HANNS AND RUDOLF : THE TRUE STORY OF THE GERMAN JEW WHO TRACKED DOWN AND CAUGHT THE KOMMANDANT OF AUSCHWITZ
by Thomas Harding
The funeral of Hanns Alexander in 2006 was impressively attended. Over three hundred people crowded into the synagogue. His two nephews gave the eulogy. Hanns had grown up in Berlin. His family lived a comfortable life until the Nazis came to power and they had to leave moving to England. Hanns joined the British Army and rose through the ranks. When World War II was over, Hanns caught one of the most wanted men of that era: Rudolph Hoess, the brutal Kommandant of Auschwitz. For Thomas Harding, this was a revelation. His family never talked about the war; they were never allowed to ask any questions. So, he finds out at his great-uncle's funeral that Hanns hunted for Nazis.
In Hanns and Rudolf you get dual biographies: two for the price of one. The chapters switch on-and-off between Hanns and Rudolf that describes their lives from birth until death. Harding's writing is quite masterful and the story of these two men is very compelling. It took him twelve years to finally finish but the sources he used were amazing. Some of the interviews that Harding had was with a daughter of Rudolf (I wonder what she told him since after Rudolf died the family was in denial); the grandson of Rudolf (he provided family photographs); the American prosecutor at the Nuremberg Trials; and a Polish guy who cut Rudolf's hair. Harding also used unpublished letters of both the Alexanders and the Hoess family. Between the above and declassified documents, files on other high-ranking Nazis, archives in Holocaust museums all over the world, criminal records, transcripts of Hoess's testimonies, his research is mind-boggling impressive.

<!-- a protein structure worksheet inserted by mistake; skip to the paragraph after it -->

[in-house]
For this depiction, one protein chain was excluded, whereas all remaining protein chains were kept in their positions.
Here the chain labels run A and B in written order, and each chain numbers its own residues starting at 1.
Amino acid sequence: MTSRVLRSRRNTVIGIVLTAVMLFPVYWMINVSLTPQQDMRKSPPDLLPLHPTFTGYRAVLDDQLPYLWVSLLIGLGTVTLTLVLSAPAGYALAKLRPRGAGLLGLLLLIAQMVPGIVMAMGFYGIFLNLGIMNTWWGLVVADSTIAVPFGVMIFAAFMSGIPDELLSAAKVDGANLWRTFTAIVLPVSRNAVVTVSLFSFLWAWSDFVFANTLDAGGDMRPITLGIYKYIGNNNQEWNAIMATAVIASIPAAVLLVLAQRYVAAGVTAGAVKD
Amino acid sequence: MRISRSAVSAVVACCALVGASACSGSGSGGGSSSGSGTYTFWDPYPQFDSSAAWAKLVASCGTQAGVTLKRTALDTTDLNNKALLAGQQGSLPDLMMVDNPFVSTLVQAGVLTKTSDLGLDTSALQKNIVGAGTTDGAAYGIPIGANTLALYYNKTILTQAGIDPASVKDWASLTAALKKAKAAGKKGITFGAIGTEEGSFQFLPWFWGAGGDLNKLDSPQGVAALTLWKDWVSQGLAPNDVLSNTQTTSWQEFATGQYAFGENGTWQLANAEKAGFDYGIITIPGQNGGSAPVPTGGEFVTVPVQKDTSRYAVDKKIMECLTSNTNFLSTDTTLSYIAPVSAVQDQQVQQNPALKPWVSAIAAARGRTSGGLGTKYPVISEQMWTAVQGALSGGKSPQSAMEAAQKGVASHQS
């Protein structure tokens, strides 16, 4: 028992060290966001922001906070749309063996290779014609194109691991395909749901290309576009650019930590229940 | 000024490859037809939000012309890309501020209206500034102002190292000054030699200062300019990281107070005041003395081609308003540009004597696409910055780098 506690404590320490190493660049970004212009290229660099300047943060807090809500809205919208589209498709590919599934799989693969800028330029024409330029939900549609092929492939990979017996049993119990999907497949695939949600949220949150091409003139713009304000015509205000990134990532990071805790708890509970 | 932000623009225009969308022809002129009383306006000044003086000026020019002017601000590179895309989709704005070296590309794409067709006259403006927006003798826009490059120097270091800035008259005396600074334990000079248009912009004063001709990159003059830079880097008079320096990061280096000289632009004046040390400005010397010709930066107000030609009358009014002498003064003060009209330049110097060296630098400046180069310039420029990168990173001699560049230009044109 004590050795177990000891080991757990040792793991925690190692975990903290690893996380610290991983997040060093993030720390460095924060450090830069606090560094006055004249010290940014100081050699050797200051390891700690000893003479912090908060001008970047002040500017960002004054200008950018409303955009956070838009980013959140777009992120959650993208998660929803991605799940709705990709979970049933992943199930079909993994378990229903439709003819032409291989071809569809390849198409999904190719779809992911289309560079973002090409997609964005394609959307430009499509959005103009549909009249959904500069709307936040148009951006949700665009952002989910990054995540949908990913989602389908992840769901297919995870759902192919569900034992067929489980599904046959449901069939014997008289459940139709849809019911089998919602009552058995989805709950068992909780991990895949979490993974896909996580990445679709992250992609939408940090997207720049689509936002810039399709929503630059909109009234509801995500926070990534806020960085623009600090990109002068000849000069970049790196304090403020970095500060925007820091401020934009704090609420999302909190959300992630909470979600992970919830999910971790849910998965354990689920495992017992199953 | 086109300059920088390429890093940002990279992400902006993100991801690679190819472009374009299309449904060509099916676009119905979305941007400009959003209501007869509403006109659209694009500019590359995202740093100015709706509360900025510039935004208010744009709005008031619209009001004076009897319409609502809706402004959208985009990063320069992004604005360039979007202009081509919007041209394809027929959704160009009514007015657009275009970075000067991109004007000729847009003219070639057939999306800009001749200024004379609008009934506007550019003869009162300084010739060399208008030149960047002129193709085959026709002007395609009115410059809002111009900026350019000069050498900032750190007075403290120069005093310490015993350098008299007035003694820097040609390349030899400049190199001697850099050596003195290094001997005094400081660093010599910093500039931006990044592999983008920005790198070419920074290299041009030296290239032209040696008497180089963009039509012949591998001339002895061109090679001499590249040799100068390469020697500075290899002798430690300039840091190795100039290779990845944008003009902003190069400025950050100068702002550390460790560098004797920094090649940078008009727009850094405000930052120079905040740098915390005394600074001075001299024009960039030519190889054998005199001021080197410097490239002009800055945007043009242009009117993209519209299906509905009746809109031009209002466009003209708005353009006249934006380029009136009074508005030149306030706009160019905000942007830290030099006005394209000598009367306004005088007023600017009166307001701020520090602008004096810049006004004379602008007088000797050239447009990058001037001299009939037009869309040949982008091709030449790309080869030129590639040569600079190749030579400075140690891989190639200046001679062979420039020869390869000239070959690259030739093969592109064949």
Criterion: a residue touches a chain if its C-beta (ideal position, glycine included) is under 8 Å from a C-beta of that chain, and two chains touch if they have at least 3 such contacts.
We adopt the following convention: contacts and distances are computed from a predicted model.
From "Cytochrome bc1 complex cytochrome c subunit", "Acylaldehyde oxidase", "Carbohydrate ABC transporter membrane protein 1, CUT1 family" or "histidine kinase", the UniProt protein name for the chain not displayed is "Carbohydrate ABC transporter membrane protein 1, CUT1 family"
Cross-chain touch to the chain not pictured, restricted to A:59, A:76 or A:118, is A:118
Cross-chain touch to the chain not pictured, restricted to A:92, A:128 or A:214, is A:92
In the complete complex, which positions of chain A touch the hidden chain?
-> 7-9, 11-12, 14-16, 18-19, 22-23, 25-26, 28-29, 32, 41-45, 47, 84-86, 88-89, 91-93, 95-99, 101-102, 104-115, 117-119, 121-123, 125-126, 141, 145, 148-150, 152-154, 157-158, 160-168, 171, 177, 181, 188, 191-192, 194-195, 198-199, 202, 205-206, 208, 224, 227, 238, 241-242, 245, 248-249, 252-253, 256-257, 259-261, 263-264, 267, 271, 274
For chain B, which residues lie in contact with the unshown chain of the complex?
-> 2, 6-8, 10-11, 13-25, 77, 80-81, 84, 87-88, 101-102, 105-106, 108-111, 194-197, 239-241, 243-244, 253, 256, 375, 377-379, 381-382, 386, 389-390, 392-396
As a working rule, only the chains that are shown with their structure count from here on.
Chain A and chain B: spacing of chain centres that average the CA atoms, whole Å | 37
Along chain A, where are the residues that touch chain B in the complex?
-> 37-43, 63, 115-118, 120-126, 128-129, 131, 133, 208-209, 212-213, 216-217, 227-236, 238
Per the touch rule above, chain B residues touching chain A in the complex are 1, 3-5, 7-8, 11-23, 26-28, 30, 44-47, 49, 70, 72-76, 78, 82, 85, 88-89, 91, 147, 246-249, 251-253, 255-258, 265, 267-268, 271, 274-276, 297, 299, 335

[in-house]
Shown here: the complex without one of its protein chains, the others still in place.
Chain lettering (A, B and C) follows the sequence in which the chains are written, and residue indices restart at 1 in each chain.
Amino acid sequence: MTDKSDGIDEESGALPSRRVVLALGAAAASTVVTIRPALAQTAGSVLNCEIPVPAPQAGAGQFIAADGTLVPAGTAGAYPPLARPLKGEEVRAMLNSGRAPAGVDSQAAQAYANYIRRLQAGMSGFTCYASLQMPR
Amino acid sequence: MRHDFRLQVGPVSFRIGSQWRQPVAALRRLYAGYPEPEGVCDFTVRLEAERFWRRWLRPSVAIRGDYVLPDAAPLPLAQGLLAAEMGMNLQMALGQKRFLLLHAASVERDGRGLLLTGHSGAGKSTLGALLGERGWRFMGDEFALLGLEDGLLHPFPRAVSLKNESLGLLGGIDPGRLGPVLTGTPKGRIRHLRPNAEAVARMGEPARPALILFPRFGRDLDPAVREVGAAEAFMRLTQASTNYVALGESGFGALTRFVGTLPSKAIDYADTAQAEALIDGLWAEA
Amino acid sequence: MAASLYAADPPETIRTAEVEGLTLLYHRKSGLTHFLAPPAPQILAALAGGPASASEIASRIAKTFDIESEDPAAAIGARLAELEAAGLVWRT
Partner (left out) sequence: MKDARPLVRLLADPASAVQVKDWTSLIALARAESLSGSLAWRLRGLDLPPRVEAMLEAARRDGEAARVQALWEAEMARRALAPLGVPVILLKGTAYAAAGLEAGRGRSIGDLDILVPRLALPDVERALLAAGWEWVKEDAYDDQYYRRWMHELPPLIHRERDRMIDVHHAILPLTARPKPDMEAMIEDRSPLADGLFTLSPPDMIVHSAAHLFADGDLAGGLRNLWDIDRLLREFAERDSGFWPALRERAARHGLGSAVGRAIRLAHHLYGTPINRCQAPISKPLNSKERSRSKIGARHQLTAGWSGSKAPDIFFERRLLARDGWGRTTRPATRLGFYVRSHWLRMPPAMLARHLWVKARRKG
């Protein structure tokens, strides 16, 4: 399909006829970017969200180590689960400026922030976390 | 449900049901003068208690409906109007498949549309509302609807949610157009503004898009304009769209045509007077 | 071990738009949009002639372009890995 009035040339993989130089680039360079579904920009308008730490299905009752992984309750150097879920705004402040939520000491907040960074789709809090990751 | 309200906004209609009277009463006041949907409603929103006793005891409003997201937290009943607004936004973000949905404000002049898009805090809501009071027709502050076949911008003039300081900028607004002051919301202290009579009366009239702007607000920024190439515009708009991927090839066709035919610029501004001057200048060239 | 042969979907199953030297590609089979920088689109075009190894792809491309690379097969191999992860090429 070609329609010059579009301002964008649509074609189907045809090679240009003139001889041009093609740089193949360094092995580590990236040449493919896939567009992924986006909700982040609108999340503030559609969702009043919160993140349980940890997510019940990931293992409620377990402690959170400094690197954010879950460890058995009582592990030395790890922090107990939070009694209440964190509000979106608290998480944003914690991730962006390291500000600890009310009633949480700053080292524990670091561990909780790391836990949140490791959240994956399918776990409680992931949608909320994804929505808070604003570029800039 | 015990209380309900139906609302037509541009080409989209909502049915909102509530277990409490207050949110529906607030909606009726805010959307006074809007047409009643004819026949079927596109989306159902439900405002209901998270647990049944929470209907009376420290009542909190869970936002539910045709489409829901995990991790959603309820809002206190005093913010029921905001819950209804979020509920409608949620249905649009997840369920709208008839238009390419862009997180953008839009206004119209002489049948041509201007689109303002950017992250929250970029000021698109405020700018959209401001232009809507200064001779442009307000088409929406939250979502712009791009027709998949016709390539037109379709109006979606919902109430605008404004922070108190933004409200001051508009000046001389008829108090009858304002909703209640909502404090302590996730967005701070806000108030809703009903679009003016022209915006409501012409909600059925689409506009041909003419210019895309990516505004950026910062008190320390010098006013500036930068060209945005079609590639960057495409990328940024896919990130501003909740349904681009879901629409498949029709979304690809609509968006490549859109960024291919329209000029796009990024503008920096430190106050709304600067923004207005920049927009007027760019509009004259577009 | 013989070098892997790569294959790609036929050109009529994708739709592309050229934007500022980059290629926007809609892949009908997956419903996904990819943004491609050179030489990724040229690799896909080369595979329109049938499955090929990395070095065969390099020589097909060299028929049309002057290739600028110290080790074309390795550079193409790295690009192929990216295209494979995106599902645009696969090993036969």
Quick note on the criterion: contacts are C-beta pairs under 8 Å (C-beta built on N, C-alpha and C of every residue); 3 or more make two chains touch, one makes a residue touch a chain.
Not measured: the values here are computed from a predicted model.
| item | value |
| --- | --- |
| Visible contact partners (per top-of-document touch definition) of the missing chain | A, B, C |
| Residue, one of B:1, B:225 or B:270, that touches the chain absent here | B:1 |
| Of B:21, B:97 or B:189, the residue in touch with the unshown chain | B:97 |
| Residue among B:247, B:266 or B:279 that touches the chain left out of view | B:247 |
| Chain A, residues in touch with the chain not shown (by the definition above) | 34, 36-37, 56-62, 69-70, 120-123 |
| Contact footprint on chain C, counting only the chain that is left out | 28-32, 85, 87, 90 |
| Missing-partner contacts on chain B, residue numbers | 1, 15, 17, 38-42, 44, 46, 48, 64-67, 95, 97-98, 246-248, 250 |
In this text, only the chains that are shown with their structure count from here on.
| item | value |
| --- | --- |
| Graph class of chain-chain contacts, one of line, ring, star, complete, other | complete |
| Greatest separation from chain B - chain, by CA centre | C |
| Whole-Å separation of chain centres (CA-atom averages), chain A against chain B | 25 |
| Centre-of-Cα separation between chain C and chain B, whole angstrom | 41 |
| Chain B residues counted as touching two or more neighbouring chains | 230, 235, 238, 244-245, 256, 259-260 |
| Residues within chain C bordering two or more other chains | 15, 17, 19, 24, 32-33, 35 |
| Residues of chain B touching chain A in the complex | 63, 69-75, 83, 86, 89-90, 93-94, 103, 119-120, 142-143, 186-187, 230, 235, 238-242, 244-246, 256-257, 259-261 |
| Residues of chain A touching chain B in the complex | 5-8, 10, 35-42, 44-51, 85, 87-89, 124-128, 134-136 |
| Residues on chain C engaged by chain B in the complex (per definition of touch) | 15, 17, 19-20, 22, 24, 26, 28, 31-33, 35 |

How fitting that a German Jew captured the German monster of mass extermination.
Very highly recommended.